x Abu Dhabi, UAEFriday 28 July 2017

Time for clubs to decide their fate in new year

With the Premier League's transfer window open, Richard Jolly looks at 10 key questions in what could be a defining period of the season.

Fernando Torres, right, was Chelsea’s most expensive buy in January 2011.
Fernando Torres, right, was Chelsea’s most expensive buy in January 2011.

Who will be the biggest spenders?

Last January, it was Chelsea, who broke the British transfer record by splashing out £50 million (Dh287.5m) on Fernando Torres and paid another £24m for David Luiz.

In most recent summer windows, it has been Manchester City, but there are signs that the era of extravagance at the Etihad Stadium has come to an end. So there are a couple of other possibilities: Liverpool, looking to break into the top four, and Arsenal, who have at least £30m remaining after the summer sales of Samir Nasri, Cesc Fabregas and Gael Clichy.

Will there be a superstar signing?

Partly because the world's biggest clubs are reluctant to buy players who are cup-tied for the Champions League, the top talents can sit out the January market.

But Manchester City and Manchester United are already out of Europe's top club competition; Liverpool and Tottenham were never in it; and Chelsea's priorities may be domestic rather than continental. If a major player, whether Edinson Cavani, Mario Gotze, Eden Hazard or Karim Benzema, becomes available, there is nothing to stop England's clubs from moving for them.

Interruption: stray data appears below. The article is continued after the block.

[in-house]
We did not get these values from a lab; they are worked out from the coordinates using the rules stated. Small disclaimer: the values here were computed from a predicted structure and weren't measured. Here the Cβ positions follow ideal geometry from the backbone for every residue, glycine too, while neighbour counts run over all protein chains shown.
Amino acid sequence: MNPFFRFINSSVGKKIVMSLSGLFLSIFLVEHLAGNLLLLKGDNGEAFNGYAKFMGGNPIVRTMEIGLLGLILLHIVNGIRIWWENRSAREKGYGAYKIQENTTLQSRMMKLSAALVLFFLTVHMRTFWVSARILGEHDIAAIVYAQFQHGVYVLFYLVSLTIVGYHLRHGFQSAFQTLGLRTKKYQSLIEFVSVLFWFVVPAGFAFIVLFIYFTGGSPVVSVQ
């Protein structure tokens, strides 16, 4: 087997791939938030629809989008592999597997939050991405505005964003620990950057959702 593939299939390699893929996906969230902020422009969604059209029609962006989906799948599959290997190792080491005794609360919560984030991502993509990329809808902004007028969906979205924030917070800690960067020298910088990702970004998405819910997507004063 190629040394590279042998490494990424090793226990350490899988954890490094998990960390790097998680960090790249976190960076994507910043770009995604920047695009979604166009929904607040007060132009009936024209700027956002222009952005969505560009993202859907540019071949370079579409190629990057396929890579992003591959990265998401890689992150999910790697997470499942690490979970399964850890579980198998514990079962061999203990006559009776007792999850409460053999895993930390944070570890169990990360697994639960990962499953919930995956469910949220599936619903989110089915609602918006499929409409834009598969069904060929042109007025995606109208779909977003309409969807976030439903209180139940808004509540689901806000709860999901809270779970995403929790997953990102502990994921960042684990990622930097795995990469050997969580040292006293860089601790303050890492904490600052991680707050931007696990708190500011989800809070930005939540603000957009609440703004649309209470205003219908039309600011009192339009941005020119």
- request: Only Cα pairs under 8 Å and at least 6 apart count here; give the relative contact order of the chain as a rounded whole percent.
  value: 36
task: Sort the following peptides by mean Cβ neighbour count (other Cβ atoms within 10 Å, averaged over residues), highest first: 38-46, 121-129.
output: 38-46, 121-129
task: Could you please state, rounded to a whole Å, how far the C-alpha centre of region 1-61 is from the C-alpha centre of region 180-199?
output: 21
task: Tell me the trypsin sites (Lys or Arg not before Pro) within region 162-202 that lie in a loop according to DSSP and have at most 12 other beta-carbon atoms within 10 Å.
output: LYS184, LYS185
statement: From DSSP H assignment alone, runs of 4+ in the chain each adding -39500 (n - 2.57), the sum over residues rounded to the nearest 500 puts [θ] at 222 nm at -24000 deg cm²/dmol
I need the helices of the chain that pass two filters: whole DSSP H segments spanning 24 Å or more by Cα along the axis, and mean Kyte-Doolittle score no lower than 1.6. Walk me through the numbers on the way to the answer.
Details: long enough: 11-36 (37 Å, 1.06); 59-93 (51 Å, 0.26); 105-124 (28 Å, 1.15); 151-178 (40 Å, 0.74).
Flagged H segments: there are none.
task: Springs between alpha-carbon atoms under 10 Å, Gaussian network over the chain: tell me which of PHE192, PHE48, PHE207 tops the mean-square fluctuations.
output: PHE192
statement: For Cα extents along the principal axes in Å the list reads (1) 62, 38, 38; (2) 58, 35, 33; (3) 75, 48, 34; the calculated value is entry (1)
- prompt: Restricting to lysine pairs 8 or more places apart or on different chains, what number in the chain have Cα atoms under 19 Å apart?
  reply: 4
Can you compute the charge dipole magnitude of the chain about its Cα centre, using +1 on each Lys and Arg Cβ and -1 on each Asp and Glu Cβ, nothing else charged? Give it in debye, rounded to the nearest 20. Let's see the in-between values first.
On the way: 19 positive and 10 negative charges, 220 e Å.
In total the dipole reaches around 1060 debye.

Where do Chelsea go from here?

Historically, their answers to any problems have either entailed sacking the manager or spending heavily. If Andre Villas-Boas is backed, it suggests they will buy to ensure they finish in the top four.

Yet the rebuilding job appears larger than either the manager or the owner, Roman Abramovich, anticipated. Bringing in defender Gary Cahill from Bolton will be the first step, but it would be a surprise if bigger bids are not made as Villas-Boas looks to rebuild his midfield and forward line.

Will Manchester United spend?

The consensus outside Old Trafford is that United need a central midfielder, a situation that has been highlighted as Darren Fletcher is on indefinite leave.

Sir Alex Ferguson, however, insists not, arguing there is little value in the January transfer market and that as his two most successful New Year recruits, Nemanja Vidic and Patrice Evra, did not flourish until the following season, and a short-term gain is unlikely.

But sometimes Ferguson's most vehement denials precede the opposite outcome and the more the manager says he won't spend, the more some expect him to.

Will Arsene Wenger make a major buy?

Wenger is already bringing one big name to Arsenal, securing Thierry Henry's return on a two-month loan from New York Red Bulls.

But whereas some managers must sell before they buy, he has plenty of money at his disposal to recruit another. Mikel Arteta has been a short-term replacement for Fabregas but he admires two men with the potential to be Arsenal's playmaker for a decade, Lille's Eden Hazard and Borussia Dortmund's Mario Gotze.